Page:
You worry about suffering a heart attack or debilitating stroke, since aspirin is relatively cheap and freely available at the supermarket, it makes sense to pop a box into the trolley and regularly swig them down, as insurance.
The idea that an aspirin a day, will protect from heart disease, is pretty much embedded in the collective psyche.
But as with most chemicals – it works for some people, does nothing for some and is actually harmful to others.
Aspirin does work, but it only works some of the time
A fact that is not always highlighted when aspirin is being promoted for its heart health options.
Aspirin is an amazing compound, which relieves all manner of aches and pains and definitely lowers the risk of cardiovascular disease in some people. There is a very long list of clinical trials which demonstrate its effectiveness.
But it’s cardiovascular prowess doesn’t manifest in all people, in fact it doesn’t do a thing and might actually cause them more trouble than it is worth. There are several clinical trials which demonstrate its lack of effect.
So when does aspirin help ?
Researchers at the James Hogg iCAPTURE Centre for Cardiovascular and Pulmonary Research analyzed the data from clinical trials to try and spot when aspirin works and when it doesn’t.
They included data from 23 studies in their analysis, which meant they were considering the outcomes in a whopping 113 000 patients.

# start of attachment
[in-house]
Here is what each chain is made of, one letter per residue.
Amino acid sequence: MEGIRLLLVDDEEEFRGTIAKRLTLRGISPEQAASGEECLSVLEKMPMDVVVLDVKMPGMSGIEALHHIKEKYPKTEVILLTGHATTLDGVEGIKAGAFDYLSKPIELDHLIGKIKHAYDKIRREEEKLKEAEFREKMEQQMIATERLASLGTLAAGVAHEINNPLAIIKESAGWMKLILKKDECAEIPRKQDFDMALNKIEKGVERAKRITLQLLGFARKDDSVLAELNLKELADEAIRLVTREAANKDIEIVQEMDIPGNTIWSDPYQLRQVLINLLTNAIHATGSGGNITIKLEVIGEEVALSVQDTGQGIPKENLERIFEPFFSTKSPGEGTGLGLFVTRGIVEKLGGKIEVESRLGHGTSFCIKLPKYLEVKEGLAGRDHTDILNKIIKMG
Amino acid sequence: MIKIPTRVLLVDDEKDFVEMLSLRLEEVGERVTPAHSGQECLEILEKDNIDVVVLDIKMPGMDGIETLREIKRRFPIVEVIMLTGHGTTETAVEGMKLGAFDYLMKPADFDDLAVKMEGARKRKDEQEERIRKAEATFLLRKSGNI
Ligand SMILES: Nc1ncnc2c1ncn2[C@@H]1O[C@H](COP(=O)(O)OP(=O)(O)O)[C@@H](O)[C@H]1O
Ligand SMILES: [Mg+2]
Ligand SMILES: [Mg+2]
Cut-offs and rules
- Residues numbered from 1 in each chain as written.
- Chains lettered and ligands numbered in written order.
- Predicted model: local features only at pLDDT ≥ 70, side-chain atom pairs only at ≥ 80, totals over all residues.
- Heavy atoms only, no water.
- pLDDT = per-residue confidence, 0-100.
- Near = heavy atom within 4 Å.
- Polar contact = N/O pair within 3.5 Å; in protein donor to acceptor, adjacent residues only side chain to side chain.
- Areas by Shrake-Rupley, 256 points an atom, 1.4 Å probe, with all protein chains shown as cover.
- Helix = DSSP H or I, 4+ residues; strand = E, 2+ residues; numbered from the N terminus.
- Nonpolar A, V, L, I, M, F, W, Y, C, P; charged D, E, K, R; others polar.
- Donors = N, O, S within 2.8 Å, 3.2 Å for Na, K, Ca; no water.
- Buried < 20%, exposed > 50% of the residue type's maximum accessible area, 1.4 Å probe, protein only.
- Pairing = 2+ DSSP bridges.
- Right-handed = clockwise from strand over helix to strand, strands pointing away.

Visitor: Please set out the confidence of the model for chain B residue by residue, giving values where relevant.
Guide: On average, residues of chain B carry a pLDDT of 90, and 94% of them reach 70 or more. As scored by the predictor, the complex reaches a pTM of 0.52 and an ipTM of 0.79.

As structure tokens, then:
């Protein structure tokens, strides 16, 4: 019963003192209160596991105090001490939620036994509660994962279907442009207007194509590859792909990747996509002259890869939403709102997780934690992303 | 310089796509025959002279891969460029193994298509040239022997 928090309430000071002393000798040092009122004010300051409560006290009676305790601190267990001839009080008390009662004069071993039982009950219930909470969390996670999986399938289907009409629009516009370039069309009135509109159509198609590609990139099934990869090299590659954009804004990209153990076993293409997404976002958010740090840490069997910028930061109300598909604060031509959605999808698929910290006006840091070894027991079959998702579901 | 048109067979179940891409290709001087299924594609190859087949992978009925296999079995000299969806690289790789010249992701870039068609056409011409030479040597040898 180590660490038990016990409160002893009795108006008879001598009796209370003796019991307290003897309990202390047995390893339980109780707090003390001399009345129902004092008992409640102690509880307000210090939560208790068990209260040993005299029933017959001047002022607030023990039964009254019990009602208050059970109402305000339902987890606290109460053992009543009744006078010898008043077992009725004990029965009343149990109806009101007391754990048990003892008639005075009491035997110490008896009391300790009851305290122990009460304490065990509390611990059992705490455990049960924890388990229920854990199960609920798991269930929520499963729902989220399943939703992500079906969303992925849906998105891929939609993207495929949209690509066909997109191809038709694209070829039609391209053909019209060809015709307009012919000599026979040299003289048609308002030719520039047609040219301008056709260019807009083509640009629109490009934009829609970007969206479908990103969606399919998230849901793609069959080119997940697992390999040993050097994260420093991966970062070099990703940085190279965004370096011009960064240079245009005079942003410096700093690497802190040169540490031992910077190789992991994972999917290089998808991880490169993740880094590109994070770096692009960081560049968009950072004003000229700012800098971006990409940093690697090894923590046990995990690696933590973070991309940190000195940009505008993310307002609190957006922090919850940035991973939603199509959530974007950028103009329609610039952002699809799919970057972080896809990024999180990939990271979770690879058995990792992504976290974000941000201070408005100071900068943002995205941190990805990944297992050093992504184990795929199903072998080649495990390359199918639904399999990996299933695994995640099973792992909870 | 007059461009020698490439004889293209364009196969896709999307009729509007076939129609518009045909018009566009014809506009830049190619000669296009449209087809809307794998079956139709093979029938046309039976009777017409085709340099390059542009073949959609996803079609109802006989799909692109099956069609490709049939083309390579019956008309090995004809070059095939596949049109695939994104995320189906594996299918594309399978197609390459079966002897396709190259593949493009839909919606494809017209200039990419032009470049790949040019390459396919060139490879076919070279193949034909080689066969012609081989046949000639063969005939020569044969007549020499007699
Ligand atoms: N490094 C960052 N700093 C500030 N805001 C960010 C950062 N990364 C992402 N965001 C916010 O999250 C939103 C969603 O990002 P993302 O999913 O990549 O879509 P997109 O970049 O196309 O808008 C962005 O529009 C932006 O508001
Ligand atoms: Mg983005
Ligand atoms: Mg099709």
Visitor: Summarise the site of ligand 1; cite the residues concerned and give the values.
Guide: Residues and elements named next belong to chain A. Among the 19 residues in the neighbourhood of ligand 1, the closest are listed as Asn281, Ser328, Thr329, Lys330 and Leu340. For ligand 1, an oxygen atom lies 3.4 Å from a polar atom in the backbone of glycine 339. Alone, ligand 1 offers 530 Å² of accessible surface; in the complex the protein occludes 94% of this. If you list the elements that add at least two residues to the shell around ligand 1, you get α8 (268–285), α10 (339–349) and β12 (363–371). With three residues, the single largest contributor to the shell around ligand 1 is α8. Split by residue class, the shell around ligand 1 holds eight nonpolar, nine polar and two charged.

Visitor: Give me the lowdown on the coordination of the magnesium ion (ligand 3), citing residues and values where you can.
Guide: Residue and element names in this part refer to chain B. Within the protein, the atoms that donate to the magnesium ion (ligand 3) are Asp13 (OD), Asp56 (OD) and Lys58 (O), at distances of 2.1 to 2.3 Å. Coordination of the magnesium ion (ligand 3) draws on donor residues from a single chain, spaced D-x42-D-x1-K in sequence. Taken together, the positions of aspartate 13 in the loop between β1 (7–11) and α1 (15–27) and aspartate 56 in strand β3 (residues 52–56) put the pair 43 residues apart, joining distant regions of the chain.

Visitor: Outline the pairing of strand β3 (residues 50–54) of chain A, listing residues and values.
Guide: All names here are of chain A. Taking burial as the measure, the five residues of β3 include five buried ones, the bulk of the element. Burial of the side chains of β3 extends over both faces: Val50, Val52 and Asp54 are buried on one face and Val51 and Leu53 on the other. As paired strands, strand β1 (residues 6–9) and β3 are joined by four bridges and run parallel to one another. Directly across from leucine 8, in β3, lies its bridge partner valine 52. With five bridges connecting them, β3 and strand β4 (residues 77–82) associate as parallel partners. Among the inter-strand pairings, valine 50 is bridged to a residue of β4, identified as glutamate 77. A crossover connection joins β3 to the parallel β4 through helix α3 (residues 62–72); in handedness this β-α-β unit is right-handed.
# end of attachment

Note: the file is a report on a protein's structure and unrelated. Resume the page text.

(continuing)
NOTE : The more people included in any study, the better the study, so a study looking at 113 000 people is likely to get it right.
They crunched the numbers, paying attention to the gender of the people included in the studies.
Aspirin is for men
When the sample included mainly men – aspirin worked well. When the sample included mainly women – aspirin performed poorly.
At the end of the day, the researchers concluded, that women are less responsive to aspirin than men for heart protection.
Women are not the same as men
Gender equality strives for women to have the same opportunities as men, but somehow many people think that this means that a women is the same as a man.
Women are different.
The differences extend beyond basic anatomy, to physiology. Science is discovering that there are differences in the structure and physiology of the heart’s blood vessels.
And a quick look at heart disease, shows that there are striking differences in the symptoms and course of heart disease in men and women. To begin with, in women it typically kicks in much later – a benefit attributed to estrogen.
Drugs are not a one size fits all
The list of things that impact your response to a drug is pretty long
- What is actually wrong i.e. your pathology
- Your size
- Your age
- Your overall genetic package (pharmacogenomics)
- What you had for breakfast i.e. food you’re eating
- What other medication you’re taking
Unfortunately, most of the time, medications are prescribed for Mr Average.
Mrs average missing out
Chemicals both help and harm, it is important to work out what chemical(s) will work for you and to get the dose right.
In the case of aspirin, ladies be advised you may not be getting your money’s worth.
|Diabetics should dump the baby aspirin since it’s not enough to prevent cardiovascular disease||Margarine is a bigger menace for blacks than whites||Brushing your teeth is good for your heart|
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